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Chemistry and Fate of Organophosphorus Compounds.

Chemistry and Fate of Organophosphorus Compounds. Vol 12 in Current Topics in Environmental and Toxicological Chemistry. E. Merian. R.W. Frei, J.F. Lawrence, and U.A.Th. Brinckman, eds. Gordon and Breach Science Publishers, New York 209+ pp., US 43.00. This book contains a selection of presentations made at the Workshop on Chemistry and Fate of Organophosphorus Compounds held at the Free University, Amsterdam in June 1986. The articles have already been published in the International Journal of Environmental Analytical Chemistry and Toxicological and Environmental Chemistry. In addition to a report from the workshop, there are 14 articles divided into toxicological and chemical aspects, and analytical aspects.

Organophosphorus compounds have a wide variety of uses, such as plasticizers, hydraulic fluids, heat transfer agents, corrosion inhibitors, fire retardants, pesticides, and nerve agents in chemical warfare. In the area of nerve agent chemistry, there are very good articles on the separation of enantiomers with different activities by gas chromatography with chiral stationary phases, and a demonstration of the influence of chirality of organophosphate esters on the inhibition of acetylcholinesterase (AChE) and "neuropathy target esterase (NTE)." Although the inhibition of AChE by organophosphorus compounds is fairly well known, it is not generally appreciated that such compounds can also induce a delayed polyneuropathy by acylation and subsequent modification of the structure of NTE. In the area of nerve agent chemistry there is also a brief review of classical detection methods and a discussion of future trends with microsensors and surface acoustic wave sensors.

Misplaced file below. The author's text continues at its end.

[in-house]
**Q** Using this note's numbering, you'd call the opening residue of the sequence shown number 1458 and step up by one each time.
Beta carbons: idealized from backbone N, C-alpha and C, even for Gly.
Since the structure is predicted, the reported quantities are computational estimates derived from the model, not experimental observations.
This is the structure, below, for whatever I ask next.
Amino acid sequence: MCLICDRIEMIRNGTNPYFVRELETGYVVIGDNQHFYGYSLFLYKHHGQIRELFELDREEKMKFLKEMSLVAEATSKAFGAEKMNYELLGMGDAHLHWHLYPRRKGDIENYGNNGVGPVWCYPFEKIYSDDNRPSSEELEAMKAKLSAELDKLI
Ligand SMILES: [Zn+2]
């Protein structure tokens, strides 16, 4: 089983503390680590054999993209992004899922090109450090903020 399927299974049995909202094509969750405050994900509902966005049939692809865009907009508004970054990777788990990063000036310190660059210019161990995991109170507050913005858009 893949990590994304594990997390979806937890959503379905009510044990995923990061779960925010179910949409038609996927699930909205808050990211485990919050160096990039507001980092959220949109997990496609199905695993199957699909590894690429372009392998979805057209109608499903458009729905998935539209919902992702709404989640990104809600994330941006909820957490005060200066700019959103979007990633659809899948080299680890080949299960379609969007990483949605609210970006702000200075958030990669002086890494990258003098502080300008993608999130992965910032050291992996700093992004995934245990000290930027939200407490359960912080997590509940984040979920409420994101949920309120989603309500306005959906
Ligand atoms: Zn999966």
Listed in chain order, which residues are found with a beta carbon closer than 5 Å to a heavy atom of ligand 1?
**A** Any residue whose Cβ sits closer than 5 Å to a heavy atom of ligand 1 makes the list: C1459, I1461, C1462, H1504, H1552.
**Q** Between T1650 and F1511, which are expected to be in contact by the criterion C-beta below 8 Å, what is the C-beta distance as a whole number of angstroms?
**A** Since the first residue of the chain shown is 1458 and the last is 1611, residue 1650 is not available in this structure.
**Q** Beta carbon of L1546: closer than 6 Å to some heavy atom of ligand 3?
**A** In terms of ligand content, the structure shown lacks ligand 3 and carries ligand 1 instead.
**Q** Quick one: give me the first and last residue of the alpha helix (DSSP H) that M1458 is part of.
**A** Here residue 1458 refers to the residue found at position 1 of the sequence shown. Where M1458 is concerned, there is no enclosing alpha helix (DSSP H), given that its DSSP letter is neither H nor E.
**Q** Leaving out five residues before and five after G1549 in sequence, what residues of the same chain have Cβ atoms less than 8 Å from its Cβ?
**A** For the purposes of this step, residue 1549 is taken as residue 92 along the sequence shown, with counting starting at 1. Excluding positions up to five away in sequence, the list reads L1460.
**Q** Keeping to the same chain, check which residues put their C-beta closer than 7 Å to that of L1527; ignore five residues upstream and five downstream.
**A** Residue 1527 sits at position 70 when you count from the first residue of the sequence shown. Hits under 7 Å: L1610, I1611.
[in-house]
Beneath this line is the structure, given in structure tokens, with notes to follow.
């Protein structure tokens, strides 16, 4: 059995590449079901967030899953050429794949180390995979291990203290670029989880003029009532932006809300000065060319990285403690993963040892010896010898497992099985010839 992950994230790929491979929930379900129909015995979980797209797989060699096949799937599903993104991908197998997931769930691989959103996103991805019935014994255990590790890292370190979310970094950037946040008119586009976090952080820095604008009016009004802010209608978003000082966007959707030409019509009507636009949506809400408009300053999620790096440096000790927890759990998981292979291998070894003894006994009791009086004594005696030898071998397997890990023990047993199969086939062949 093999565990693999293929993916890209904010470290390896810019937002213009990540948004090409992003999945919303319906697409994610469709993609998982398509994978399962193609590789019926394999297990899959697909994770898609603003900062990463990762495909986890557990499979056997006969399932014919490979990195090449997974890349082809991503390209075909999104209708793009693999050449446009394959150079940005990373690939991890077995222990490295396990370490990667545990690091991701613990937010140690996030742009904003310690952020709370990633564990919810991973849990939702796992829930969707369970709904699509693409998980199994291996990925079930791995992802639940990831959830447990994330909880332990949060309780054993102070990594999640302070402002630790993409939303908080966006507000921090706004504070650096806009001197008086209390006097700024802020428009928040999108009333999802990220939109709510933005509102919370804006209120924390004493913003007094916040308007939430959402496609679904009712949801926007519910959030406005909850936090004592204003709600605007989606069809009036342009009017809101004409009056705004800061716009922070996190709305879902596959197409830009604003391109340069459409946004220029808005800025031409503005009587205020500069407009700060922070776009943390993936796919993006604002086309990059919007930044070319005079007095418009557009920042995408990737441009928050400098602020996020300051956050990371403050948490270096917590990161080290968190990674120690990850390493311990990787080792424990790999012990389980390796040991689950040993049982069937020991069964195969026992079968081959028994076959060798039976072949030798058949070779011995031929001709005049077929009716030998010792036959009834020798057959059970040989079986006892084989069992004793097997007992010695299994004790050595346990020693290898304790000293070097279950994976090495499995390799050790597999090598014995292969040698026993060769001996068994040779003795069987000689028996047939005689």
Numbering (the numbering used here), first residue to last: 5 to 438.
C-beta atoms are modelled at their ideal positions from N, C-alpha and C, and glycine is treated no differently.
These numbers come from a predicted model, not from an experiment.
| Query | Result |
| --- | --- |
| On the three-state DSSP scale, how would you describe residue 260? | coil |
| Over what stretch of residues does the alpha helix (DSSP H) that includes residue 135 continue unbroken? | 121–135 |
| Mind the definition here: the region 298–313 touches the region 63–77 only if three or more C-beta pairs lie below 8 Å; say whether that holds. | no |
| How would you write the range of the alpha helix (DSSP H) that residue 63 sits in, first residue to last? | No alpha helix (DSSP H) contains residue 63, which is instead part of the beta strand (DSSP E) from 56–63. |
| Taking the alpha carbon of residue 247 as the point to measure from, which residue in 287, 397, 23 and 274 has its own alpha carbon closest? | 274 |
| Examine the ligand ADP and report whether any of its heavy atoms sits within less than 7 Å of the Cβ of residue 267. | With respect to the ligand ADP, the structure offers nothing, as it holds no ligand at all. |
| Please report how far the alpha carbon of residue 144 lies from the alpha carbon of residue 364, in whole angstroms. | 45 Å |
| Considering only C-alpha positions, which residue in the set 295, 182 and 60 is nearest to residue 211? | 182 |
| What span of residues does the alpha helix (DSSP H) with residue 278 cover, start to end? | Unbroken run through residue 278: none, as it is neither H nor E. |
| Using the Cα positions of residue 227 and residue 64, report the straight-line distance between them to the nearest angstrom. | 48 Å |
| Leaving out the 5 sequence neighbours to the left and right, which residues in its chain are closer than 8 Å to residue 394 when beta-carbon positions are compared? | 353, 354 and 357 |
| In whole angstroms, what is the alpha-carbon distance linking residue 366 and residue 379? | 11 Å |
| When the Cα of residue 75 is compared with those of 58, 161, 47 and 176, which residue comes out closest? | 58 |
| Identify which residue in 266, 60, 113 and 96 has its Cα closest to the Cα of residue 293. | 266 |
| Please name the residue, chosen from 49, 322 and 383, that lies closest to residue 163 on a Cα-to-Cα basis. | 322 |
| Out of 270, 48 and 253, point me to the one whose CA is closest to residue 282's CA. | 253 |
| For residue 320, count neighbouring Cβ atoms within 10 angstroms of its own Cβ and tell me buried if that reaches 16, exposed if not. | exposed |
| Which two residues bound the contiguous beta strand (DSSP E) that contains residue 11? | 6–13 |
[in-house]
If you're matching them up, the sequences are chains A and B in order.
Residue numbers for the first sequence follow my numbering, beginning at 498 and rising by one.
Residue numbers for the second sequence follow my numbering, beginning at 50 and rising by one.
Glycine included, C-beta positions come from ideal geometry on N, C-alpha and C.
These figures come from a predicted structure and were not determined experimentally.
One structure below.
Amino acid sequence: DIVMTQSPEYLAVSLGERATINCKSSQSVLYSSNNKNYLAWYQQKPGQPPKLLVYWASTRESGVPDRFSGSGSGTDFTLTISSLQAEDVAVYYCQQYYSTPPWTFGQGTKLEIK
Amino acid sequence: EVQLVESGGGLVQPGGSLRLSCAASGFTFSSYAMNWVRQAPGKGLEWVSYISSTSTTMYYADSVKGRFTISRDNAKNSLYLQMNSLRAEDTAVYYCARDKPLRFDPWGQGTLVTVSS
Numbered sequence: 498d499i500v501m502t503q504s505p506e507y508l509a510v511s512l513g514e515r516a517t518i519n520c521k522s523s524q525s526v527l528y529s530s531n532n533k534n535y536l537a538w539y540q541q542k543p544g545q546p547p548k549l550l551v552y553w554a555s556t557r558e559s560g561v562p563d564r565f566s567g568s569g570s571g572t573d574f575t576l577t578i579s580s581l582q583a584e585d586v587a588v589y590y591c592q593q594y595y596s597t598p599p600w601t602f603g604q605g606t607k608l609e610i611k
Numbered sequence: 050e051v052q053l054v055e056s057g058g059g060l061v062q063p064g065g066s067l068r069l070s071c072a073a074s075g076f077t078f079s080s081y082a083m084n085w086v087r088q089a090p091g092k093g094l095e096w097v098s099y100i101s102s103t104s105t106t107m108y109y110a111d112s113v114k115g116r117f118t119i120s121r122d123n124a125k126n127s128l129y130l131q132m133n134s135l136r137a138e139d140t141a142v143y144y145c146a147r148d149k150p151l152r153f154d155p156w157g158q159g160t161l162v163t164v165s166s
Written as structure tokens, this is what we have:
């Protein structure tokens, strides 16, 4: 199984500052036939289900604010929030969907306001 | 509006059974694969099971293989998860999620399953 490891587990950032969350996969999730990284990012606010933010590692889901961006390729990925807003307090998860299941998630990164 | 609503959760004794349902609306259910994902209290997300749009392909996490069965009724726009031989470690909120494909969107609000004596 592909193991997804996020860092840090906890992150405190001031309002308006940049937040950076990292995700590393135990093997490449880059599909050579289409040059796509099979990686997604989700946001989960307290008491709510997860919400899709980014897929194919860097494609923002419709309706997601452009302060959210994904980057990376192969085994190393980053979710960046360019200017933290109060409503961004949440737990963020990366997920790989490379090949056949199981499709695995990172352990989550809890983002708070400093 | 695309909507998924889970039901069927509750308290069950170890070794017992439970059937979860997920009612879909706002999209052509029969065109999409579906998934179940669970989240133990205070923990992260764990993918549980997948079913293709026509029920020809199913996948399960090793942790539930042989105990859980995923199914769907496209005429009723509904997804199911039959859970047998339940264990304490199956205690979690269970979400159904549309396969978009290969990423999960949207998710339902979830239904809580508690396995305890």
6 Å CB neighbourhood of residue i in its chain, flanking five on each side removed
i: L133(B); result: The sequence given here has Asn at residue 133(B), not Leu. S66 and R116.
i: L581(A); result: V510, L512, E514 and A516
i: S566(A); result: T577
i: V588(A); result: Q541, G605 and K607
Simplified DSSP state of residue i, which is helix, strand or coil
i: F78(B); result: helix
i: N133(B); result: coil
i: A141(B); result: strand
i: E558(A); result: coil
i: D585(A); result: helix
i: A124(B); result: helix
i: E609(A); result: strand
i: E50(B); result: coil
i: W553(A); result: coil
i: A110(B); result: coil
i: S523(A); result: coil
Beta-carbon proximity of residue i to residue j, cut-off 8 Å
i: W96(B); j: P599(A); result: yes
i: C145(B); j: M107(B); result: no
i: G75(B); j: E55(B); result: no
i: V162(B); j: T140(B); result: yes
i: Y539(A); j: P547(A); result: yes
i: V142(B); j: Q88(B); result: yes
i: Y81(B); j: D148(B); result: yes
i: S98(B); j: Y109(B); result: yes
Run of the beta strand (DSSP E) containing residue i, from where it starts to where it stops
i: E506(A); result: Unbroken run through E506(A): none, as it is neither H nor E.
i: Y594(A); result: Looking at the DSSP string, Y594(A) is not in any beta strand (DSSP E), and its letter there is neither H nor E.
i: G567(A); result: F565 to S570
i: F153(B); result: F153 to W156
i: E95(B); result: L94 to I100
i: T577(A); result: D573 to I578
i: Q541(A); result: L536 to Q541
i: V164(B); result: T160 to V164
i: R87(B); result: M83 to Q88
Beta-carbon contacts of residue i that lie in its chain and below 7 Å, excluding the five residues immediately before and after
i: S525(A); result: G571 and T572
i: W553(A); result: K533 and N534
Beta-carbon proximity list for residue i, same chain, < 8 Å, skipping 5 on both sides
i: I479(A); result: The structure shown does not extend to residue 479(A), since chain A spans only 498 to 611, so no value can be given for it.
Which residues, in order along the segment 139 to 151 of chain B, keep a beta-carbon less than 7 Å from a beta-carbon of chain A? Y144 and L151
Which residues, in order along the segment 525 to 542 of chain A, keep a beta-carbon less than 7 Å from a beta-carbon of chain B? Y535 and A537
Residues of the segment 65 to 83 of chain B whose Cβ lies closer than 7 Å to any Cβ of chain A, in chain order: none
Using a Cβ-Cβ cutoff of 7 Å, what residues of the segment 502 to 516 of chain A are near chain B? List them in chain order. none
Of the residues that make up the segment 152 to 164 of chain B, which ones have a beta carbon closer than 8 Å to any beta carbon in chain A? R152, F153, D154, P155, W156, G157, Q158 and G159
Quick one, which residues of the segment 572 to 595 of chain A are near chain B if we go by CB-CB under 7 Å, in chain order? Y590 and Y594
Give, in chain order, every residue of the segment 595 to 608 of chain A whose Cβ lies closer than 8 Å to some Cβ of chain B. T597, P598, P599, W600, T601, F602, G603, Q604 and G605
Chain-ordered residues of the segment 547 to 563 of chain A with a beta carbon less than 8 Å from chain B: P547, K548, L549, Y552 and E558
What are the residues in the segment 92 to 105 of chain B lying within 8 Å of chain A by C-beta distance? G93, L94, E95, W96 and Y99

In the area of pesticides there is a description of analytical methods for organophosphorus pesticides in food in Canada and an excellent demonstration of the use of laboratory microecosystems in assessing the aquatic persistence and fate of parathion. There are also articles on the photo-reduction of parathion on plant surfaces and the use of dialkylphosphorus degradation products of OP pesticides in urine as an indicator of exposure.

In the area of analytical chemistry there is an article on the determination of the mutagenic fire retardant tris (1,3-dichloro-2-propyl) phosphate in various materials and two good articles on the coupling of microbore HPLC to a flame photometric detector and a thermionic detector. This latter work builds on that of McGuffin and Novotony in the early 1980s and has great potential in the determination of trace levels of contaminants which are not volatile enough to be determined by gas chromatography.

With the possible exception of the workshop report, this book is well edited for style and the references are reasonably up-to-date. This book would serve as a good introduction to organophosphorus chemistry at the level of the graduate student or professional from another discipline. R. James Maguire, Chief, Contaminants Project, Canada Centre for Inland Waters
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Author:Maguire, R. James
Publication:Canadian Chemical News
Article Type:Book Review
Date:Jul 1, 1989
Words:454
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